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(Continued from page 18, beat the heat ...)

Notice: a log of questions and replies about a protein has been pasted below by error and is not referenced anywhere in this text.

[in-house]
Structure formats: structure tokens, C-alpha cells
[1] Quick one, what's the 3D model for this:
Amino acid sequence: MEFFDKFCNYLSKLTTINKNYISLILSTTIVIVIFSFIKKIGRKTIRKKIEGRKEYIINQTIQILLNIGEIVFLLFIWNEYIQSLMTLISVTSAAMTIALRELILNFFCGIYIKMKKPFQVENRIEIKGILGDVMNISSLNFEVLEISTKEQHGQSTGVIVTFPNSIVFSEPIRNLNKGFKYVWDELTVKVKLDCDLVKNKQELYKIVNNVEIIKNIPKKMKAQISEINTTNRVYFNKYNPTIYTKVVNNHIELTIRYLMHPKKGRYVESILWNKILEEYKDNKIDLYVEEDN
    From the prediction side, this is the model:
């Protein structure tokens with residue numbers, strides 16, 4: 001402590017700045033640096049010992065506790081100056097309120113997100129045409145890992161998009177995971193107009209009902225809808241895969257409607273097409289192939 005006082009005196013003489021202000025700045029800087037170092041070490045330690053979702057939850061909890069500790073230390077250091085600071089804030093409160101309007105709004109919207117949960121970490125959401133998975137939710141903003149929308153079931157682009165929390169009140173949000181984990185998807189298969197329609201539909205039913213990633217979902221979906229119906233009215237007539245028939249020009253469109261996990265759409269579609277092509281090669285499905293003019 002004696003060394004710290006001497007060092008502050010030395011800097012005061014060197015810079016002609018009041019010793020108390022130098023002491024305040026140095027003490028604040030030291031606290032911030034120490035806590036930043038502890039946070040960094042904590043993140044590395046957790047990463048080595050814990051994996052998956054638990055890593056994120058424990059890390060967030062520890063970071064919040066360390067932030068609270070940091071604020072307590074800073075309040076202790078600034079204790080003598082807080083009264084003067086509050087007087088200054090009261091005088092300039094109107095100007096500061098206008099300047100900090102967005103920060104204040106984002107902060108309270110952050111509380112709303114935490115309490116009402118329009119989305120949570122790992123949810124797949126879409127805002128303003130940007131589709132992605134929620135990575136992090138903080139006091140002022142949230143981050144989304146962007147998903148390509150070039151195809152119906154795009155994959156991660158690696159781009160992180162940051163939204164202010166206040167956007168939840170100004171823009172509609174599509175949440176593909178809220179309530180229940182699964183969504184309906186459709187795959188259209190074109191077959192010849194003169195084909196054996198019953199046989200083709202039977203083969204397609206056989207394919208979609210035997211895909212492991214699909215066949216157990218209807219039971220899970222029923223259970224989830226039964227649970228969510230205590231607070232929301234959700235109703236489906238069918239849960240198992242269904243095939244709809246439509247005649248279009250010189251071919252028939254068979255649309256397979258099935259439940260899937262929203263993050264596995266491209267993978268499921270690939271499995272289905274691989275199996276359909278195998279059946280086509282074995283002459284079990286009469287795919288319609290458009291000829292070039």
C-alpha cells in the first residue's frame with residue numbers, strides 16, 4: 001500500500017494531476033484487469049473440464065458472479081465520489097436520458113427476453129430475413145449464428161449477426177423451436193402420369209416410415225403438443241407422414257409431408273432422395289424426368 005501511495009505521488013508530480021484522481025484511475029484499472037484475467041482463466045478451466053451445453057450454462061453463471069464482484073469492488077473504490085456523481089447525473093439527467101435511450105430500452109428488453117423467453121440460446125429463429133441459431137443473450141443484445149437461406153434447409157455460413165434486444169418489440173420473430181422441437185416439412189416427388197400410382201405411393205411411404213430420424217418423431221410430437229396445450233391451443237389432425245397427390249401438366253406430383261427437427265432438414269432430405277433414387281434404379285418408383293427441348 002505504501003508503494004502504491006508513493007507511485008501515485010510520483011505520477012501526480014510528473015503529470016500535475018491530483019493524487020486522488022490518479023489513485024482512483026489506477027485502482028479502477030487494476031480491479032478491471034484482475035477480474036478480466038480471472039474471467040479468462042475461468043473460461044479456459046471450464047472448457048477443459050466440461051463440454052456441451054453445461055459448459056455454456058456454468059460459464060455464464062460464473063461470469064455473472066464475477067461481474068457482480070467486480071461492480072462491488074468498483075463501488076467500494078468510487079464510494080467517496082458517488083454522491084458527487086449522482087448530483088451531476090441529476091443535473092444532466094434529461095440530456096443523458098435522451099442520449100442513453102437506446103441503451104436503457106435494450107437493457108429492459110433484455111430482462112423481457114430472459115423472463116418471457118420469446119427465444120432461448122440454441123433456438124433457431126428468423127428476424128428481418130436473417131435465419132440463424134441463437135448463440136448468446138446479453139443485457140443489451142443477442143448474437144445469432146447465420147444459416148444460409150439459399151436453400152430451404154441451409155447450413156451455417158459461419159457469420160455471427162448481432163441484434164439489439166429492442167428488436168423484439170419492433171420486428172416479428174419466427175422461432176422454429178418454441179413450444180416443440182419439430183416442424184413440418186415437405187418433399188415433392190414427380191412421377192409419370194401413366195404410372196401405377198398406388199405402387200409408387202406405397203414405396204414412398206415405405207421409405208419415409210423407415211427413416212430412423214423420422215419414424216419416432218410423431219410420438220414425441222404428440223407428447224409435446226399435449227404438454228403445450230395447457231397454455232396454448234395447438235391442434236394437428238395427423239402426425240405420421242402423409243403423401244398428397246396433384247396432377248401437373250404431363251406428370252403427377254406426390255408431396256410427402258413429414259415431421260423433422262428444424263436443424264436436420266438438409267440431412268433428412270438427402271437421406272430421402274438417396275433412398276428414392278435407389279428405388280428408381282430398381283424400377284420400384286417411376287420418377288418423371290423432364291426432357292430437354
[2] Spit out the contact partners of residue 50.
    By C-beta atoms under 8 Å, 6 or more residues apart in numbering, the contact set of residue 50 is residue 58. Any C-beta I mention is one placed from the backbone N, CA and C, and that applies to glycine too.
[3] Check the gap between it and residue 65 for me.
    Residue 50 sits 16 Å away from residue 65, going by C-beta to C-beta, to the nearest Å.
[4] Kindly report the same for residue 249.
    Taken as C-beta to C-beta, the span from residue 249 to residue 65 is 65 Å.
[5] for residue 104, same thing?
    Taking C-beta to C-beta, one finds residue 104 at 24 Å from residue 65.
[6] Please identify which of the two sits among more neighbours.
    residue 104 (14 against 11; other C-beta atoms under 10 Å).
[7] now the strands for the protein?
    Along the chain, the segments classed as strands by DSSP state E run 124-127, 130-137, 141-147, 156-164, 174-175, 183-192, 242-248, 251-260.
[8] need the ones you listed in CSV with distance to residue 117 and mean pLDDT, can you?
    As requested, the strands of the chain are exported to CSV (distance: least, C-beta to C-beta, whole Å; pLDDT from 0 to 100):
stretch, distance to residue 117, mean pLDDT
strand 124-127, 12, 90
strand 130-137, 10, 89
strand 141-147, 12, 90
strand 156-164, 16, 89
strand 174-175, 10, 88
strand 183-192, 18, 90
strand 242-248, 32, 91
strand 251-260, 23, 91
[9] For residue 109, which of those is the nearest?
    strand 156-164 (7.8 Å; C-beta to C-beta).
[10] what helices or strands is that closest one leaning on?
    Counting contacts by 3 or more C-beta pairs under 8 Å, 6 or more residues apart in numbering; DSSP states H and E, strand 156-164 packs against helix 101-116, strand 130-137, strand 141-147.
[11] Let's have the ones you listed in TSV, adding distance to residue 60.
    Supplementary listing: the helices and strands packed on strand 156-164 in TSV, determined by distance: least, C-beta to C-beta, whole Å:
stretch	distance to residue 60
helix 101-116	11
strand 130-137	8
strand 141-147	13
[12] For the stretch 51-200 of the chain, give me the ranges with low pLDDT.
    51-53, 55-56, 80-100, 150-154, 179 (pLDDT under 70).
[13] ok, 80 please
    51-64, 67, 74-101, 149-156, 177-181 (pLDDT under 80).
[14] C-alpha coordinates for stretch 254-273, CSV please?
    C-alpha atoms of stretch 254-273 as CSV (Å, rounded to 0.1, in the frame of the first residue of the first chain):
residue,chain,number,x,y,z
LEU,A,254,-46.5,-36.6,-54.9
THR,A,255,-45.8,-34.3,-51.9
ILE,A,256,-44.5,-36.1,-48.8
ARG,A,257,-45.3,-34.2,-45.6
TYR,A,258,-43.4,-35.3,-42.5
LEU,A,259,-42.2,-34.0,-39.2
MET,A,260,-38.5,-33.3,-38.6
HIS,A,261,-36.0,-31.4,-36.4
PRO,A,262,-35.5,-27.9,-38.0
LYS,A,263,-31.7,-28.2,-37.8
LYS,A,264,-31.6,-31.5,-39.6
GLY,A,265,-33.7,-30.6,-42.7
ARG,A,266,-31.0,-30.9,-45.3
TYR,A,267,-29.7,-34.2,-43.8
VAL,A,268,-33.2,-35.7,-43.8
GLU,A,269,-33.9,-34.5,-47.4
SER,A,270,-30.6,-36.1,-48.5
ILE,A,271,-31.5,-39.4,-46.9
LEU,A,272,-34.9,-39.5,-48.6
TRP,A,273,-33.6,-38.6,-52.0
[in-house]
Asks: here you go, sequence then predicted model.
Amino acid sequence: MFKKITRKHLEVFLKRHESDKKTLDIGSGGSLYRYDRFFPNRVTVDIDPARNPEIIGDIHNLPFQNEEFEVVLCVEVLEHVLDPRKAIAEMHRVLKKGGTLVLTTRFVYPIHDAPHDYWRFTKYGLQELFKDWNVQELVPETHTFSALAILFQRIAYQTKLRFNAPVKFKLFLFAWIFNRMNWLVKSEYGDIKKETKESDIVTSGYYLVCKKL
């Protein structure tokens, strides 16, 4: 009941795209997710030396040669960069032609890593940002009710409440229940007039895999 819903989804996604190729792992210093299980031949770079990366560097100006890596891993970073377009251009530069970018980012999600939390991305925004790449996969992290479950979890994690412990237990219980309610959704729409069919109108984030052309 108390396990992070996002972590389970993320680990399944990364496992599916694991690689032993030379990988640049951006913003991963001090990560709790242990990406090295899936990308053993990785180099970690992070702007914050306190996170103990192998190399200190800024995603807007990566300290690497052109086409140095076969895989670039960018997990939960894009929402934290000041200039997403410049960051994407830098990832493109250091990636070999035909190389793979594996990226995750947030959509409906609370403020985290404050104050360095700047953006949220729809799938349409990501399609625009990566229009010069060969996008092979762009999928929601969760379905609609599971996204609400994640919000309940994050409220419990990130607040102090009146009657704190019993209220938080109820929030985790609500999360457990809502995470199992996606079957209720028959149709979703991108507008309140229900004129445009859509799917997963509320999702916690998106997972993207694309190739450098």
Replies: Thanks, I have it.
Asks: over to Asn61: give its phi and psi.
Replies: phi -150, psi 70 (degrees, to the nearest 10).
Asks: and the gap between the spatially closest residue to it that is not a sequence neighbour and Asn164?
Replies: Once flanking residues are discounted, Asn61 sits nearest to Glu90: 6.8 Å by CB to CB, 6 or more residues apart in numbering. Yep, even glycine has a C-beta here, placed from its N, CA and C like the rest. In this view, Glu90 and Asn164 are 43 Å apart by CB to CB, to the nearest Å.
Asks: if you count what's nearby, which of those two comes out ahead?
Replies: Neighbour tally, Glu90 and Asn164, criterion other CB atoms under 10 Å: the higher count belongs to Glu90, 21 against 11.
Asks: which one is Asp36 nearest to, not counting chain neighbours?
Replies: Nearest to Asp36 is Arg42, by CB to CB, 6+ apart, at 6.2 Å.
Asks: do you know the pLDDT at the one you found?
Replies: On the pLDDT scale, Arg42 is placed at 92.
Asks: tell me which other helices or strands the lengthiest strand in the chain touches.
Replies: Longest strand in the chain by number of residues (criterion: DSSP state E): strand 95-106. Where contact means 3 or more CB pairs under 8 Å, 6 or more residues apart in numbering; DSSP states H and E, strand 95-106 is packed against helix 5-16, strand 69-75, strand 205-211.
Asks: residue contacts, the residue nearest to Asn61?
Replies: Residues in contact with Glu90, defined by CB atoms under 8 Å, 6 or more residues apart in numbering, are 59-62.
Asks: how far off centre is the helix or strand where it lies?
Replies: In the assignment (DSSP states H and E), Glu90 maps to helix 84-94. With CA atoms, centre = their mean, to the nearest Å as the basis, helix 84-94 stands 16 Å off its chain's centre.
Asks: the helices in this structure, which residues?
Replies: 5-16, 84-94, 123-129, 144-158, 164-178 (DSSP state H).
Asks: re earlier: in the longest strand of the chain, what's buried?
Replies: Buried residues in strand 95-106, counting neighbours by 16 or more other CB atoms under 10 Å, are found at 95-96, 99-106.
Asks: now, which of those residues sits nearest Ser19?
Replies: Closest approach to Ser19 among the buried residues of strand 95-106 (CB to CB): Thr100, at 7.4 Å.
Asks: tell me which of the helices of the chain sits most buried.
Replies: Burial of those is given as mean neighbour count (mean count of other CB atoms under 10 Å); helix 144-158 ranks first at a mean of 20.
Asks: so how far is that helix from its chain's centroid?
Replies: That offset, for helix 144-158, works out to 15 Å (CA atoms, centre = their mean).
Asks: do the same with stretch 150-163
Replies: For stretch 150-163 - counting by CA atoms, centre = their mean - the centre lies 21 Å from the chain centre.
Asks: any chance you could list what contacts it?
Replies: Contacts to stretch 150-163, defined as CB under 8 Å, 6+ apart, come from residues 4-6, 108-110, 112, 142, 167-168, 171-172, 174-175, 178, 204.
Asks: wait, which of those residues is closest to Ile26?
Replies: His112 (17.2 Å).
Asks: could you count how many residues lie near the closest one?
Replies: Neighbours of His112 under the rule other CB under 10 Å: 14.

sumps, an overflow that splashes, or flows along the sidewall of the sump above the water line allows for great “churning”, gas exchange and evaporative cooling. Adding water motion is an excellent to way raise dissolved oxygen levels during a heat wave. Keep an extra pump, powerhead, or air pump, some airline and an airstone on hand, and set them up when it gets hot outside. Turn off your lights on days it’s going to be hot. Your corals and fish will be fine without the tank lights for 2 days or more. If it’s going to be hot for a while, you can change your photoperiod to late at night or early in the morning when ambient temperatures are cooler. You can even set an electronic temperature controller to turn off your lights if the water temperature gets too hot. Evaporation will help cool your tank, sometimes by a significant amount. You can boost evaporative cooling by adding fans to blow across the surface of your tank water, either on the sump or the main tank. The fan can also be automated with an electronic temperature controller, turning it into a year round solution rather than just a seasonal solution. When it’s hot, your reef can evaporate a surprisingly large amount of water in a very short time, and your salinity can rise to dangerous levels in a matter of days or less. Therefore, a plan for dealing with increased evaporation is a must. Keep a few buckets (or more) of fresh top off water, either reverse osmosis/deionized water or treated tap water on hand. At the very least, know which LFS in your area has RODI water for sale, and hope you don’t need it when the store is closed or sold out! You can manually add the top off water as needed, or you can use any number of methods to automate your top off with float switches or dosing pumps connected to reservoirs of RODI water. I recommend investing in some sort of auto top off because it can be very difficult to manually keep up with evaporation rates. With an auto top off, you don’t have to check on the tank all the time so you can go out and enjoy the hot weather.